Know the signs & symptoms
A chalazion is a hot, red, painful lump under or on the eyelid, which appears within a day or two. Its size may be that of a lentil or a pea, or sometimes even an olive. The chalazion may be on the outside of the eyelid and may be seen easily, but it can also be on the inner side: from the outside, the eyelid is simply red and swollen, and the eyelid must be everted to see the chalazion.
WHAT ARE THE SYMPTOMS OF A CHALAZION?
The chalazion often starts with an isolated pain located in the eyelid. Then in the space of a day or two a small, round, red, hot and painful mass appears in the eyelid. This small ball can be visible outside the eyelid, but it can also be located on the inside of the lid: in this case, from the outside, the eyelid is red and swollen and the ball can only be felt through palpation, and can only be seen by everting the eyelid
DIAGNOSING A CHALAZION
• Anyone can have a chalazion, but they occur more frequently in children.
• The chalazion initially appears as a red, hot and painful eyelid swelling.
• Any inflammation of the eyes or eyelids should warrant a medical consultation to confirm the diagnosis.
What are the causes of Chalazion?
Chalazions are caused by the inflammation of the Meibomian gland. The Meibomian glands produce lipids (fat), which form the “meibum” and mingle with tears to ensure the lubrication of the ocular surface. These tiny glands are located in the eyelids and are connected to the free edge of the eyelids by a small canal. It can happen that this canal gets blocked: in this case, the meibum manufactured by the gland cannot flow, the gland becomes clogged and swells and inflammation and sometimes infection can occur.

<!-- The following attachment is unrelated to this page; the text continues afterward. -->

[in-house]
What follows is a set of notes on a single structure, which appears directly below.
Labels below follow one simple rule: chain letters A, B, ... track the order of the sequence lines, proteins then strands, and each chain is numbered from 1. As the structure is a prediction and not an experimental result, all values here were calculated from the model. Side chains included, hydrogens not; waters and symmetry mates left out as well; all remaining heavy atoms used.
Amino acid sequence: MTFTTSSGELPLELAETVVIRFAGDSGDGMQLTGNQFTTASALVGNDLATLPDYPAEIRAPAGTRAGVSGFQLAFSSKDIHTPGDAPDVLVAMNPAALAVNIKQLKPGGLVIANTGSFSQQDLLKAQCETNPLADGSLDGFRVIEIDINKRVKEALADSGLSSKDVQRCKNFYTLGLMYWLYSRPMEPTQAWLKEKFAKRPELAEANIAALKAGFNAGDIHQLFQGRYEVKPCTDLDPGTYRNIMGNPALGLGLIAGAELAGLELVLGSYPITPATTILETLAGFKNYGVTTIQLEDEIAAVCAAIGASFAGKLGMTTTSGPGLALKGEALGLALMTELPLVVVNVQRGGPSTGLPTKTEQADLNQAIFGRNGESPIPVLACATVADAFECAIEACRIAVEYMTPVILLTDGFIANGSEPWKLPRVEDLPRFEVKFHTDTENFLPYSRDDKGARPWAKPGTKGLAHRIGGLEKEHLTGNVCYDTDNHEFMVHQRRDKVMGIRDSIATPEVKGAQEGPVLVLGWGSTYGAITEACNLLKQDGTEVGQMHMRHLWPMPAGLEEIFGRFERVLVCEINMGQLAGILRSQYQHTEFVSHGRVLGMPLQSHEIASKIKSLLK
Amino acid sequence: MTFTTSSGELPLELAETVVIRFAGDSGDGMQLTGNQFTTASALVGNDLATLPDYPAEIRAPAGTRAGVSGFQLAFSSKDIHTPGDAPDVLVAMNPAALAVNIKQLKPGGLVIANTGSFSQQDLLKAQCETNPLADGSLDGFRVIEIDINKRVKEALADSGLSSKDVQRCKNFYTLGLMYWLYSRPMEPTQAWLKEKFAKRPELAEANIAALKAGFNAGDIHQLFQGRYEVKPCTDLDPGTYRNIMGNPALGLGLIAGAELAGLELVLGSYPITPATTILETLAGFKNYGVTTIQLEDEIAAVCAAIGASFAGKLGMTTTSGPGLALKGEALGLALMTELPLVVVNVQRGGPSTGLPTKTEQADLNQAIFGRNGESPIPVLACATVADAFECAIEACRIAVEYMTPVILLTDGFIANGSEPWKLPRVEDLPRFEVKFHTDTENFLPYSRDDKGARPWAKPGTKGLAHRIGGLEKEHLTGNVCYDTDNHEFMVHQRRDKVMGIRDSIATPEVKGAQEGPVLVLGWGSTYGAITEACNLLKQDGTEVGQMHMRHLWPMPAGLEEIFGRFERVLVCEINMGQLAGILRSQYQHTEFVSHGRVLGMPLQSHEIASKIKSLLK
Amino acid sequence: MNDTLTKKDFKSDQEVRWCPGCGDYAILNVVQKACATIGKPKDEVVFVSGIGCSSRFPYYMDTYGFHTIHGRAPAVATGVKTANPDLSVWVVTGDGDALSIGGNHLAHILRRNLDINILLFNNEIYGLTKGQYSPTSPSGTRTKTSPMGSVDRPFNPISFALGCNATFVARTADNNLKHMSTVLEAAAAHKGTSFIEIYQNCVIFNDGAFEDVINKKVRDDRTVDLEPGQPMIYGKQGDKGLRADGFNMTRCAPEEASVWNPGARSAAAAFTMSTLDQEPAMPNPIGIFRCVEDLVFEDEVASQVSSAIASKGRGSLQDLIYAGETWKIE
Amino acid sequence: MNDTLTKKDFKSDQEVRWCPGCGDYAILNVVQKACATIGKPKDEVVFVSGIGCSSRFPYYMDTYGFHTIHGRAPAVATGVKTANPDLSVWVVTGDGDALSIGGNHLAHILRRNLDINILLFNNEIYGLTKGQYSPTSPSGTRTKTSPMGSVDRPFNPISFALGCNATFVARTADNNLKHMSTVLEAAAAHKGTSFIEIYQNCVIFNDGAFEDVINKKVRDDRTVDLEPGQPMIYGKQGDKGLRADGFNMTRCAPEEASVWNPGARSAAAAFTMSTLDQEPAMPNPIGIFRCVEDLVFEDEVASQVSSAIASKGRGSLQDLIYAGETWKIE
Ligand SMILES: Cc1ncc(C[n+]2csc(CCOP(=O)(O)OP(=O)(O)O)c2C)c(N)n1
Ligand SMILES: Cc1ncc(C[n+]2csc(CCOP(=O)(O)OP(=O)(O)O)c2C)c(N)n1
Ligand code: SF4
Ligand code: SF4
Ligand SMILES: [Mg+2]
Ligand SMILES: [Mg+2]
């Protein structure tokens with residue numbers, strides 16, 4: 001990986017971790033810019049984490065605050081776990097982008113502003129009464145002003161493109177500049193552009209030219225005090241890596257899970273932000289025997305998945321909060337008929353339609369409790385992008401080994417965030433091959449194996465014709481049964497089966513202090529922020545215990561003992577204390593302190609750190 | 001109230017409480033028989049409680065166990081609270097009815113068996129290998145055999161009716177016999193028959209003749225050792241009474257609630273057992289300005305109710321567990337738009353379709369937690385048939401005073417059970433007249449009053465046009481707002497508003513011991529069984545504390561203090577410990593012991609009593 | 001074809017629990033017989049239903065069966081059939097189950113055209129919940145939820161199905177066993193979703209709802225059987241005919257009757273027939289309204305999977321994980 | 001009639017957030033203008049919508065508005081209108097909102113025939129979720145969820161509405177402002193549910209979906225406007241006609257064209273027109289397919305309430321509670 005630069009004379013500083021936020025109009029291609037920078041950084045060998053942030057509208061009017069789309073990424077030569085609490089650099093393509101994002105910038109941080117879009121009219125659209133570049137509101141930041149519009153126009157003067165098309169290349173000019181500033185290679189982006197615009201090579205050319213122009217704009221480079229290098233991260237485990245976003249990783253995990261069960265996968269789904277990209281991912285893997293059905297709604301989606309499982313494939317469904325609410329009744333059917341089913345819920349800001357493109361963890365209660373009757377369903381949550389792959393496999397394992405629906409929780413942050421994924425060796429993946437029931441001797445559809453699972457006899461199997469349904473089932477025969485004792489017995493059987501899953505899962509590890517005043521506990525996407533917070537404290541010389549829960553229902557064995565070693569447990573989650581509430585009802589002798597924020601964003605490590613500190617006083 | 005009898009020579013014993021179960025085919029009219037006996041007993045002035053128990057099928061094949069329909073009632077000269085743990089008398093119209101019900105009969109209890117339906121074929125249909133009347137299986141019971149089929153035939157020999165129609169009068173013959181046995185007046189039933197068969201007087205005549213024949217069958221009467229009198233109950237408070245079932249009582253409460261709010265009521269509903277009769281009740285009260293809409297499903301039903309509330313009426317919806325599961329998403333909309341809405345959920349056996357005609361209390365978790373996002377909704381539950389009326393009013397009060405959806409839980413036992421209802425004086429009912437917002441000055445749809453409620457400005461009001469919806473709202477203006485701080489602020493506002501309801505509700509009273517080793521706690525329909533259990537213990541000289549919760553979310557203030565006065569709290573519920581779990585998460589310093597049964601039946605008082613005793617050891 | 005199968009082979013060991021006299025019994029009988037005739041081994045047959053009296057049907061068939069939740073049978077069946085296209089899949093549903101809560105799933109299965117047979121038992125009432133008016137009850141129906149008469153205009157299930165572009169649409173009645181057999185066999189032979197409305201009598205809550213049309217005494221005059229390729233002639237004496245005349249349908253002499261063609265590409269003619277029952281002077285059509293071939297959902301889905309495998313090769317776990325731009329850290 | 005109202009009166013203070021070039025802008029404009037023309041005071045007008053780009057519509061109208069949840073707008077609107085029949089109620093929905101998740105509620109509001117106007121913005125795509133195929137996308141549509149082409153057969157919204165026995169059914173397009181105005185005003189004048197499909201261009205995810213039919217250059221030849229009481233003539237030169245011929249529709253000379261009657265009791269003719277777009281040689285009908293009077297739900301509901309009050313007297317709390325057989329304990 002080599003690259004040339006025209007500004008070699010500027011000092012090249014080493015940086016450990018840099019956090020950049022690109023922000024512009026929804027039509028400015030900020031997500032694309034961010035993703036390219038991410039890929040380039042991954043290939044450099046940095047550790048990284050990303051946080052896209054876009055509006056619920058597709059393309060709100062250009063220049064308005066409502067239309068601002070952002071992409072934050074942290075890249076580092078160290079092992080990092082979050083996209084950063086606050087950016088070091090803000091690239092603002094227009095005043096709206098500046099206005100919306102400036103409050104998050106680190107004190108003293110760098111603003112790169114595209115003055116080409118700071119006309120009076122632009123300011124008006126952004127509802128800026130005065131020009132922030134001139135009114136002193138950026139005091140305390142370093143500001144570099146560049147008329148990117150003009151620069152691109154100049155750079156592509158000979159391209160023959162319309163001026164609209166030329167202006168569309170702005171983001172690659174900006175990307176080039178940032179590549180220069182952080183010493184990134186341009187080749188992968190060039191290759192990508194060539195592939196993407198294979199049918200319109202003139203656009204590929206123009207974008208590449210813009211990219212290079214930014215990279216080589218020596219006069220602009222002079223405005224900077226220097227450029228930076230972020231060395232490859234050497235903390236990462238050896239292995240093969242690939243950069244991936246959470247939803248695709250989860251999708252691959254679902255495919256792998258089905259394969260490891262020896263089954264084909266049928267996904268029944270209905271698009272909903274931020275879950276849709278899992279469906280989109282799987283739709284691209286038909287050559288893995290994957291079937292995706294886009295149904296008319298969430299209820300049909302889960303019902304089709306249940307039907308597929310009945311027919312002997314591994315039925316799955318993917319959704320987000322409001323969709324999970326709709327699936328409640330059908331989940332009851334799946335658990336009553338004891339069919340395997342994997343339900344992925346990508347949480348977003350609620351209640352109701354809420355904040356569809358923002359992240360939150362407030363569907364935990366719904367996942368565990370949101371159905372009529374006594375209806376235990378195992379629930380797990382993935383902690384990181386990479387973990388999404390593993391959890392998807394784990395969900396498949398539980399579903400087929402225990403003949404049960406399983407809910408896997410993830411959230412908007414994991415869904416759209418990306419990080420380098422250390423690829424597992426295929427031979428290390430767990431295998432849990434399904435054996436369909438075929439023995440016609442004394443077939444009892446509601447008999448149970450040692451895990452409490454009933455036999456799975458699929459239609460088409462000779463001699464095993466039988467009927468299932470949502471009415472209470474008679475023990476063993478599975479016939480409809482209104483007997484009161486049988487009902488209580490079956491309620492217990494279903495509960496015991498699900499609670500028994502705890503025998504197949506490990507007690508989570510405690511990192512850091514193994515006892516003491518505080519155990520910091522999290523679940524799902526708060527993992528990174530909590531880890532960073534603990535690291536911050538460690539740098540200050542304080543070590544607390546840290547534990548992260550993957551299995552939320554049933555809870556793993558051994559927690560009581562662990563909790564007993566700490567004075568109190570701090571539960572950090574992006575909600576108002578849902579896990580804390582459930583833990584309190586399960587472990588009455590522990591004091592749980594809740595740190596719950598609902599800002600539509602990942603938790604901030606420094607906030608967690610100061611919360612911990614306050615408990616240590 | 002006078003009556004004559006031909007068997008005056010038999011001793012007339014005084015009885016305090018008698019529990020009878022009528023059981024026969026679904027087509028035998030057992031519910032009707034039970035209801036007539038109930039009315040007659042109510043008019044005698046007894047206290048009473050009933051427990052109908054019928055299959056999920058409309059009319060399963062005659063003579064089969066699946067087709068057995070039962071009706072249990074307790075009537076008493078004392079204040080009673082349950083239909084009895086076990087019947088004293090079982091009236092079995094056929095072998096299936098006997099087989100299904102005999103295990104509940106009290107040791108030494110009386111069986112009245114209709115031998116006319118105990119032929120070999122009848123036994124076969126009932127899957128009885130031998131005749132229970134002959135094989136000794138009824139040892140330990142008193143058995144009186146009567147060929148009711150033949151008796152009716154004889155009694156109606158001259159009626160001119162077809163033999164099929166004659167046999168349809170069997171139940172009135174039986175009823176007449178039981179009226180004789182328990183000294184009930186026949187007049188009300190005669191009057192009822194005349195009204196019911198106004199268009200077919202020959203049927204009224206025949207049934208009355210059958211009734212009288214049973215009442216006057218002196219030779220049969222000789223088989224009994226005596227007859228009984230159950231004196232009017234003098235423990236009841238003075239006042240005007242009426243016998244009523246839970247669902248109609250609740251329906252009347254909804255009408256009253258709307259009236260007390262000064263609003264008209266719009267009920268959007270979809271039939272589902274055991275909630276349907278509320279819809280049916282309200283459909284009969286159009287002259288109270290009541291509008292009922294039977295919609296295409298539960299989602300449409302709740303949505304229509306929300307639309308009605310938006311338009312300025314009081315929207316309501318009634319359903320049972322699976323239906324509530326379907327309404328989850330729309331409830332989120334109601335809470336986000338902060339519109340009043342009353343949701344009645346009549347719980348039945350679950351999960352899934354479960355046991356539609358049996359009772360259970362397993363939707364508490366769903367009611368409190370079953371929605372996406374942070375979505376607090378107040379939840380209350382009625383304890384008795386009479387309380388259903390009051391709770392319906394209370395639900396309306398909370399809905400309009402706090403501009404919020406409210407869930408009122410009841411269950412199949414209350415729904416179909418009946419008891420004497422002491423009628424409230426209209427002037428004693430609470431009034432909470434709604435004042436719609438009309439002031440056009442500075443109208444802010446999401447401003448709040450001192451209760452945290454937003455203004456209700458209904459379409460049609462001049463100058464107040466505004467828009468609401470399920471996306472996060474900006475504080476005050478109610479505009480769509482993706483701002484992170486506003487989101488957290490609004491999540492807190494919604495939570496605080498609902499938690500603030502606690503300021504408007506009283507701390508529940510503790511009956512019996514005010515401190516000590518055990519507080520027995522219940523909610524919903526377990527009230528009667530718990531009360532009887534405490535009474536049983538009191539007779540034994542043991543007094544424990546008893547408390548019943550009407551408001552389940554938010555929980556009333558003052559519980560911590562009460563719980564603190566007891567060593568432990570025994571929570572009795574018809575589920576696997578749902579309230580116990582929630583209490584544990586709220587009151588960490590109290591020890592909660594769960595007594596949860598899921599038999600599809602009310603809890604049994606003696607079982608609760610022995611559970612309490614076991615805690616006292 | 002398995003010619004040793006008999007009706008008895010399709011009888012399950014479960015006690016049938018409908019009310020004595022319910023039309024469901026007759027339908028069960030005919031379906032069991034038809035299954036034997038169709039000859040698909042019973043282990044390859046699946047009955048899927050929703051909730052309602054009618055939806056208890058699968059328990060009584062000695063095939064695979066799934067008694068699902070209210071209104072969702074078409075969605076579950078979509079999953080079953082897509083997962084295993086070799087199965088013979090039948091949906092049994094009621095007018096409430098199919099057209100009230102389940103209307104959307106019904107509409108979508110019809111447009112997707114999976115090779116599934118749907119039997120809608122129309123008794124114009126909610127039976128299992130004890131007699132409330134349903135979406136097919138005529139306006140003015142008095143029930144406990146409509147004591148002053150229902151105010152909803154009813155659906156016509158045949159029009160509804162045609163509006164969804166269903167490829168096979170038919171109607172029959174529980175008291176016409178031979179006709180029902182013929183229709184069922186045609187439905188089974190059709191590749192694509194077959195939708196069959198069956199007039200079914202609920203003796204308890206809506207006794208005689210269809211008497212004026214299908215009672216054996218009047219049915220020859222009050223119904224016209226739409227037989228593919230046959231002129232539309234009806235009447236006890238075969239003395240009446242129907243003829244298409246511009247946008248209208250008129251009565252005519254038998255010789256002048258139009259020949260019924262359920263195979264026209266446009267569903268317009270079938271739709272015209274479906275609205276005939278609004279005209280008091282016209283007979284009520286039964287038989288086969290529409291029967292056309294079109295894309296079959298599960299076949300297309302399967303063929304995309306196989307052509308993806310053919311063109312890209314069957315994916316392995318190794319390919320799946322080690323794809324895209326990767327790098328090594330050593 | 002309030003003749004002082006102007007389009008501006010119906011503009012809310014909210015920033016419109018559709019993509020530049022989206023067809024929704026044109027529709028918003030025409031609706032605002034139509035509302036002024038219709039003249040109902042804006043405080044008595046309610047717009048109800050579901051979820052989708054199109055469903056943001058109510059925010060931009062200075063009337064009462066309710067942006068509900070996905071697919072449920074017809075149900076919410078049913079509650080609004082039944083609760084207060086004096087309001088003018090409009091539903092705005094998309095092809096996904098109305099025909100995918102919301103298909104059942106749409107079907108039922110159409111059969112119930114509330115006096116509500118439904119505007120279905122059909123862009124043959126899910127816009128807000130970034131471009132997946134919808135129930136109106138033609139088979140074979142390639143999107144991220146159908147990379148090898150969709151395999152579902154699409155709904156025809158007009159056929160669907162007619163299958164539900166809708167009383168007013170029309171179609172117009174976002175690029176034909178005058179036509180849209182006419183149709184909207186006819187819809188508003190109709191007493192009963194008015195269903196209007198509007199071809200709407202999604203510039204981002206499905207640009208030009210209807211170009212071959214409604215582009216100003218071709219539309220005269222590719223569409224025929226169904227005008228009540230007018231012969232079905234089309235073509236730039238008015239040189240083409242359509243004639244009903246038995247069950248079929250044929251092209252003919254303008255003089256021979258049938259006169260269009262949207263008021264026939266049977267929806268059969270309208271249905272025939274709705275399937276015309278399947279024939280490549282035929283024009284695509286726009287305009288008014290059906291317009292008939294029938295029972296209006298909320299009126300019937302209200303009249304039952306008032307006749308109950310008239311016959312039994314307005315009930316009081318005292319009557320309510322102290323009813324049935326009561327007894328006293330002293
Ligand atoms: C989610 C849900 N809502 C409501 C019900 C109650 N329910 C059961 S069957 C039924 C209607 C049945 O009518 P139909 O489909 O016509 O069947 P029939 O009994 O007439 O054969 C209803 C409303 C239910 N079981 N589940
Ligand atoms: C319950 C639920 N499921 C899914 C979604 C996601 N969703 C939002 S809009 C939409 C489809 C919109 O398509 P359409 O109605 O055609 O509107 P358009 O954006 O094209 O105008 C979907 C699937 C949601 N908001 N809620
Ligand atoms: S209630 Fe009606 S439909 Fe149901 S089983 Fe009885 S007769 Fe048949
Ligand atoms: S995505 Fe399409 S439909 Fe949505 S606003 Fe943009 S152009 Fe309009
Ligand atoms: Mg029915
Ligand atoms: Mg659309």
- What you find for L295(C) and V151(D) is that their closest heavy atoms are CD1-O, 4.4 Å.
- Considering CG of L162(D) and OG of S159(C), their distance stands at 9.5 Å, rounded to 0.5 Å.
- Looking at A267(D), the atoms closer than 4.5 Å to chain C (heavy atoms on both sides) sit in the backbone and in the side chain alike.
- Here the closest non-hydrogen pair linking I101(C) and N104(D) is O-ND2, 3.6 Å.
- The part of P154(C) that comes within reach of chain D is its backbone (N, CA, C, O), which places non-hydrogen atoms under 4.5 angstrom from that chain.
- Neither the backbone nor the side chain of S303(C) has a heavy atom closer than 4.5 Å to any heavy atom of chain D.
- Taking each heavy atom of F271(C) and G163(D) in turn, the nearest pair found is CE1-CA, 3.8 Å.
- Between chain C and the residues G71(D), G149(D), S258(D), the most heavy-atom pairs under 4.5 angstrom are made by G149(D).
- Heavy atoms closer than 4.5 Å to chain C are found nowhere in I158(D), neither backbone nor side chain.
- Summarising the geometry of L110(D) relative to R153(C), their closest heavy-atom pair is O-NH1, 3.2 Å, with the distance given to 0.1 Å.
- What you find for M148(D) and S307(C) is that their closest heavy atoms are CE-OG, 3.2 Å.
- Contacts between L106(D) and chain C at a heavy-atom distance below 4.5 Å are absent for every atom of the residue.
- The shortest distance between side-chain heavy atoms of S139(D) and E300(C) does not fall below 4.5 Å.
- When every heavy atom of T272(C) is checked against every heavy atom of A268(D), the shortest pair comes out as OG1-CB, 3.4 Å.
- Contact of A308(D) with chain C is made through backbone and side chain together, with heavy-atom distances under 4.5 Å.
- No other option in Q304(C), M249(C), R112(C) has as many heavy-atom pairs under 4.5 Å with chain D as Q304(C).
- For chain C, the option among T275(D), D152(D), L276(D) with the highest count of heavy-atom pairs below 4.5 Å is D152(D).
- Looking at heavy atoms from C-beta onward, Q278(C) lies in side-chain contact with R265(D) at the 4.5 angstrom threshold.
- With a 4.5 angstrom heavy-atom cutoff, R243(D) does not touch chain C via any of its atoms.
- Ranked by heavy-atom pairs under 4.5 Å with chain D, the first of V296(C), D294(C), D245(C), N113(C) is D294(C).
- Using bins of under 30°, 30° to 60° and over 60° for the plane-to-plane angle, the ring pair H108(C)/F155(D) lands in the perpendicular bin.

Some people are particularly prone to chalazions which then tend to re-occur. Chalazions are favoured by the existence of dry eye or any inflammation of the ocular surface, such as rosacea which thickens the lipids produced by the Meibomian glands and makes their evacuation more difficult if not impossible.
HOW TO TREAT A CHALAZION
SOME PRECAUTIONS ARE TO BE TAKEN:
Some people are particularly prone to chalazions which then tend to re-occur.
In this case, to prevent recurrences, it is recommended to take daily care of the eyelids: by heating the eyelids with a warm wet compress for 5 minutes or through use of the heated BLEPHASTEAM® (medical device) glasses followed by eyelid massage, with a gel or an impregnated wipe intended for this use BLEPHAGEL®, (cosmetic product), BLEPHACLEAN® (medical device) .
If the chalazion is related to a chronic disease (rosacea, dry eye, etc), it is also useful to use hydrating and lubricating eye drops to reduce the inflammation of the ocular surface, for example, THEALOSE® (medical device).
WHAT SHOULD I DO IF I HAVE A CHALAZION?
The treatment of the chalazion requires softening and emptying the secretions of the inflamed gland, through eye care practiced twice a day: heating the eyelid using a wet and warm compress for 5 minutes or, better yet, use of BLEPHASTEAM® (medical device) heated glasses followed by massage of the closed eyelid, with a gel or an impregnated wipe intended for this use (BLEPHAGEL®, (cosmetic product), BLEPHACLEAN® (medical device). You should also consult a health professional, who will add an antibiotic and steroid ointment to your eyelid care routine for 10 days.
WHO SHOULD I CONSULT FOR A CHALAZION?
If you have a chalazion for the first time, it is best to have the diagnosis confirmed by a practitioner or by an ophthalmologist. In addition, only a doctor may prescribe the proper treatment. At the cyst stage, it is necessary to remove it surgically – this intervention is carried out under local anaesthetic in a few minutes by an ophthalmologist. All recurrent chalazions require an ophthalmology consultation to search for the cause.